Don’t waste this city

12 AUG 2020
Ehret + Klein Greece_Don’t waste this city

Where and how we live, work, consume, communicate and move will change fundamentally in the future. This change was already on the horizon before the Corona pandemic. It will only amplify needs and weaknesses in urbanized spaces of urban development. In principle, Covid-19 is the famous straw that broke the camel’s back and, above all, shows what really matters now in urban and neighborhood development.

Mixed-use neighborhoods: city of short distances

During the weeks of lockdown in self-isolation, home office or homeschooling, everyday needs that we take for granted in urbanized spaces became apparent. After weeks of social distancing, the desire for real and analogue contacts became increasingly important. Likewise, a higher value was placed on supplies and infrastructure. We prefer to stay in lively and urban places that give us a sense of community and enable unrestricted local supply.

This corresponds to the idea of a dense, mixed city of short distances that connects all this in one neighborhood. As a project and neighborhood developer, ehret+klein designs and implements mixed-use neighborhoods where people enjoy living, working, spending their leisure time, and shopping.

Needs-oriented cities and neighborhoods

But how does the interplay between urbanity and community succeed in neighborhood development? By allowing people to participate in the development and design of a place. These spaces, initiated through citizen participation, create a sense of community and a new relationship to the city and public space.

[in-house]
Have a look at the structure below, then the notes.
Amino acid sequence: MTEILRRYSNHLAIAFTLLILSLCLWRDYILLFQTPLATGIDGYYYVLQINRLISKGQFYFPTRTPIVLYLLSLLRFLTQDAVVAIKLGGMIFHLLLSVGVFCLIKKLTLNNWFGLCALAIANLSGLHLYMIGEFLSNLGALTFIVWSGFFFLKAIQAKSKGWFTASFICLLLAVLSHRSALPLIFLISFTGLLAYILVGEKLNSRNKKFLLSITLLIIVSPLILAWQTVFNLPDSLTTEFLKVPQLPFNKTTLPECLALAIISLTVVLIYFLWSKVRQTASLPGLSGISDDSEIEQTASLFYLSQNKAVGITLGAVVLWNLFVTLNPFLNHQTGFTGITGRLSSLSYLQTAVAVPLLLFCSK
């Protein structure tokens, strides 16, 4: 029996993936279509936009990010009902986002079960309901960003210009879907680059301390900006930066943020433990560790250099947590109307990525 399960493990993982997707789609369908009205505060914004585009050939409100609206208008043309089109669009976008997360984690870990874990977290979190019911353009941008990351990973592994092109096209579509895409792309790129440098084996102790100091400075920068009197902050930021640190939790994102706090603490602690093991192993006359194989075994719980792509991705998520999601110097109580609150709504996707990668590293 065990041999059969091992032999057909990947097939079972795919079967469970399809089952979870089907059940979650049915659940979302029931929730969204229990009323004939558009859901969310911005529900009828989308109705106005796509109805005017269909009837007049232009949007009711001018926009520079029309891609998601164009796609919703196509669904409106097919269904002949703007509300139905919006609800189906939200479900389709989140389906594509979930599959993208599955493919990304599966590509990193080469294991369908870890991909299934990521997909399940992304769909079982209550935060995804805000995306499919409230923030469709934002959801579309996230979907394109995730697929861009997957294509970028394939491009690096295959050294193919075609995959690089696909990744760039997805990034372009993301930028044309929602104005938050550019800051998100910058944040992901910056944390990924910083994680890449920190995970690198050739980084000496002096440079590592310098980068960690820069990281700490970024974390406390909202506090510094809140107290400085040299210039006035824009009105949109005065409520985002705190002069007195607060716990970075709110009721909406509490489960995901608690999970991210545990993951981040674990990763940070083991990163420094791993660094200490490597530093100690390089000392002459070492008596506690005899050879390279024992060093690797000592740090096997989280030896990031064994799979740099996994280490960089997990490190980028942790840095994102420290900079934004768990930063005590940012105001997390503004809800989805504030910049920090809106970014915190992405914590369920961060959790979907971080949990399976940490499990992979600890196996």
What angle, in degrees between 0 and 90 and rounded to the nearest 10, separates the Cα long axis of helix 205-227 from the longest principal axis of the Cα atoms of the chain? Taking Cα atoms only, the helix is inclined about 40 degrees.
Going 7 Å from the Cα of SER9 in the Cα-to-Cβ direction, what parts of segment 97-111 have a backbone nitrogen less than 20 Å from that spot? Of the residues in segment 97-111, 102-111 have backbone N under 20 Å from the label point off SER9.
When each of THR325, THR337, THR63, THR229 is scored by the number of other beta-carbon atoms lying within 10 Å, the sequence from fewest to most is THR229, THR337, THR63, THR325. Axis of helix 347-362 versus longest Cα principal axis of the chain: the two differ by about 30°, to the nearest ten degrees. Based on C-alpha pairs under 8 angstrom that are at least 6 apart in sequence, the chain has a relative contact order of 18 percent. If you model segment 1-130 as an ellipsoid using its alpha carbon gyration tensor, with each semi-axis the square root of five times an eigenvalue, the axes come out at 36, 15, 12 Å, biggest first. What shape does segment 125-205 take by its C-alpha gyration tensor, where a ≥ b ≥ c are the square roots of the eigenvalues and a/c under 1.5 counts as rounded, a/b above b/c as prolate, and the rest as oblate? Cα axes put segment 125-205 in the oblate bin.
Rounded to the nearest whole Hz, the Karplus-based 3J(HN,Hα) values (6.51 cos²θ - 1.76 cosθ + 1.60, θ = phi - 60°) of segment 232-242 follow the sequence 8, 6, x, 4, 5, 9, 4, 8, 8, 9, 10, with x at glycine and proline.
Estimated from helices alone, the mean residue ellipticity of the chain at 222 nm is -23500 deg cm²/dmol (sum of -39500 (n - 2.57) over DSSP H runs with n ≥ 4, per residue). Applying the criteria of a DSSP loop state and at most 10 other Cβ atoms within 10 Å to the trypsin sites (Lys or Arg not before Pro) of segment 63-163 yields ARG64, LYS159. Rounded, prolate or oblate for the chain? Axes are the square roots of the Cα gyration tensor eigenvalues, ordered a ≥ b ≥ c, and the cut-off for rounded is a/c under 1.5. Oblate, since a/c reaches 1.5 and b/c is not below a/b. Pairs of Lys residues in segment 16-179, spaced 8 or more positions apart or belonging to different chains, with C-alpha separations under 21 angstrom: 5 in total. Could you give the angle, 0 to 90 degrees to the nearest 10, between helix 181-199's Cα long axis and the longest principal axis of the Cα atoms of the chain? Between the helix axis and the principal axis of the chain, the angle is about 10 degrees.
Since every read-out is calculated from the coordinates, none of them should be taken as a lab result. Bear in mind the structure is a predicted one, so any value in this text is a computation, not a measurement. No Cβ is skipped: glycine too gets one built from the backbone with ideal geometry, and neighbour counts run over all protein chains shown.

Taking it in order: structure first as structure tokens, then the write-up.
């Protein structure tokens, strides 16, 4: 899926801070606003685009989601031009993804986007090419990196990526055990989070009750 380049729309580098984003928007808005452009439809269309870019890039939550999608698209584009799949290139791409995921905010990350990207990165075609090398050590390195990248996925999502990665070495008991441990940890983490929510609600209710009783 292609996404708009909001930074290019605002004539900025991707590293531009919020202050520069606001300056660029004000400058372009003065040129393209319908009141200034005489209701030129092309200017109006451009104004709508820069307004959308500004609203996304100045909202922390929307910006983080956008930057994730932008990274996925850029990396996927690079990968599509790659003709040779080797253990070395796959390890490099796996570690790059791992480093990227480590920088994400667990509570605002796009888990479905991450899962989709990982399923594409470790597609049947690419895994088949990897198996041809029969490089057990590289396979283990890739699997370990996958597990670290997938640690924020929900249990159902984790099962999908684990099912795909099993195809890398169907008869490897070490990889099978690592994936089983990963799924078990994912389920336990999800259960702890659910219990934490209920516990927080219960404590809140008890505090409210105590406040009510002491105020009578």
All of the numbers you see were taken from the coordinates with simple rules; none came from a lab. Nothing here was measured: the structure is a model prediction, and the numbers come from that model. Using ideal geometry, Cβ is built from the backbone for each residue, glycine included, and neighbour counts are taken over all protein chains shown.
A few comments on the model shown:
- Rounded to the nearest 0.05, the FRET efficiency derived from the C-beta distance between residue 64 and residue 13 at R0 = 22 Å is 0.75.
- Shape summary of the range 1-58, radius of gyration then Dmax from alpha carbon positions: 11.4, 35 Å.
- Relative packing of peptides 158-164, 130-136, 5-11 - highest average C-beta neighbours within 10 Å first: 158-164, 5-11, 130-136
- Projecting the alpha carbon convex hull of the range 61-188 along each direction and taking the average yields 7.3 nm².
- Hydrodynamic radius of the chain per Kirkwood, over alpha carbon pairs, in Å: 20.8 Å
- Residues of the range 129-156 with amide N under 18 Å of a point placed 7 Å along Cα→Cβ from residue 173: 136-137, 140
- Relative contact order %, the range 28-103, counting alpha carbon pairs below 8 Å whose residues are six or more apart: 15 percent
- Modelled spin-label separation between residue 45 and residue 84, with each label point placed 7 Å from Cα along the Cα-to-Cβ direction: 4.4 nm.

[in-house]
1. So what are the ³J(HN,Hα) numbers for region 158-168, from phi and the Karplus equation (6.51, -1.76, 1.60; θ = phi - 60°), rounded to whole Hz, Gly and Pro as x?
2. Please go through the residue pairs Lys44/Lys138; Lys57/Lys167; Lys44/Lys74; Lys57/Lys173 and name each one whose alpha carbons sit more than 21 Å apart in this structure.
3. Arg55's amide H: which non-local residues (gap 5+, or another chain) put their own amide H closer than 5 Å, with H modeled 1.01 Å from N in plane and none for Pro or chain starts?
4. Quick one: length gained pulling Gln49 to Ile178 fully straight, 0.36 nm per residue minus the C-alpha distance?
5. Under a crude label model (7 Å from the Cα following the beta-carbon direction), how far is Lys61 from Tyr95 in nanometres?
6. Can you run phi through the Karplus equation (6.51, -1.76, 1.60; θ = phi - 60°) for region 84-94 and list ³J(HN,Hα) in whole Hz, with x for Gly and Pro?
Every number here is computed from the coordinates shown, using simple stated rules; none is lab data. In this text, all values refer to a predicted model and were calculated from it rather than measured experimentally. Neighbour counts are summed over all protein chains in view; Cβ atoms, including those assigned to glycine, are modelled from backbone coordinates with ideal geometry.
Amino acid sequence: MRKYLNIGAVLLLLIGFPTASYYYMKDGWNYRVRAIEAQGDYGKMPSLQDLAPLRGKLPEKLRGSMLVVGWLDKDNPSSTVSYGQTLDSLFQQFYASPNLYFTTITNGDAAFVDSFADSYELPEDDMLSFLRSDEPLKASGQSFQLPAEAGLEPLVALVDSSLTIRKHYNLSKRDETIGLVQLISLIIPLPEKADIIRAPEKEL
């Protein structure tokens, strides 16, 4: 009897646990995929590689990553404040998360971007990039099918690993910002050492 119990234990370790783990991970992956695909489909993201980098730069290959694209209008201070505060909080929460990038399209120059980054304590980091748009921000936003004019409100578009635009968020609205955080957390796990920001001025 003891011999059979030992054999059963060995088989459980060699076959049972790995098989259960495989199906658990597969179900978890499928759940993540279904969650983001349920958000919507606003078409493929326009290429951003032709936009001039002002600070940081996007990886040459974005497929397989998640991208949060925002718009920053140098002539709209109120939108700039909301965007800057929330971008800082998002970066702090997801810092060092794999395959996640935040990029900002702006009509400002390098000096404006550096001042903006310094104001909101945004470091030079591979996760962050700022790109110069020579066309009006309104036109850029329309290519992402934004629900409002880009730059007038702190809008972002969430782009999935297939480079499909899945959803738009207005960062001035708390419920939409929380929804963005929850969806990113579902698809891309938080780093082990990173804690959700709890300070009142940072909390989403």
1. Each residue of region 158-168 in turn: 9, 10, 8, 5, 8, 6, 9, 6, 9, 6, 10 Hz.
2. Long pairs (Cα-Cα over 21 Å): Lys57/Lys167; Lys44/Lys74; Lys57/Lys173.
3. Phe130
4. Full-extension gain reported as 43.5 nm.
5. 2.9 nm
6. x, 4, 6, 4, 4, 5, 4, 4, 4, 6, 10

It has been gratifying in recent weeks to see a growing readiness for a more digital real estate industry because of the Corona pandemic. This willingness to reform holds the opportunity for digital participation formats. In this way, planning and approval processes can be made accessible to broader and public participation. This results in broadly legitimized decisions for a more livable and needs-oriented city.

More space efficiency

We must and will have a new debate about urbanity and density. Home office and homeschooling made us aware of the numerous empty work and office spaces, as well as the streets densely filled with cars. But even before Corona, many offices remained unused in the evenings, at night and on weekends. Yet there are enough creative and self-employed people who only start work in the evening. So, it is conceivable to simply use the space we have more efficiently.

The pandemic not only changes our understanding of sustainable neighborhood development, it also shows what opportunities we can seize now. A well-designed neighborhood, developed with all the crucial actors, can make urban development and thus urban society flourish with its urban, welcoming spaces. This includes the diversification of horizontal and vertical use concepts. It also includes involving and picking up the local people, because they fill a place with life.

Yours, Michael Ehret

This article also appeared in the polis magazine for the polis Convention on 13.08.2020.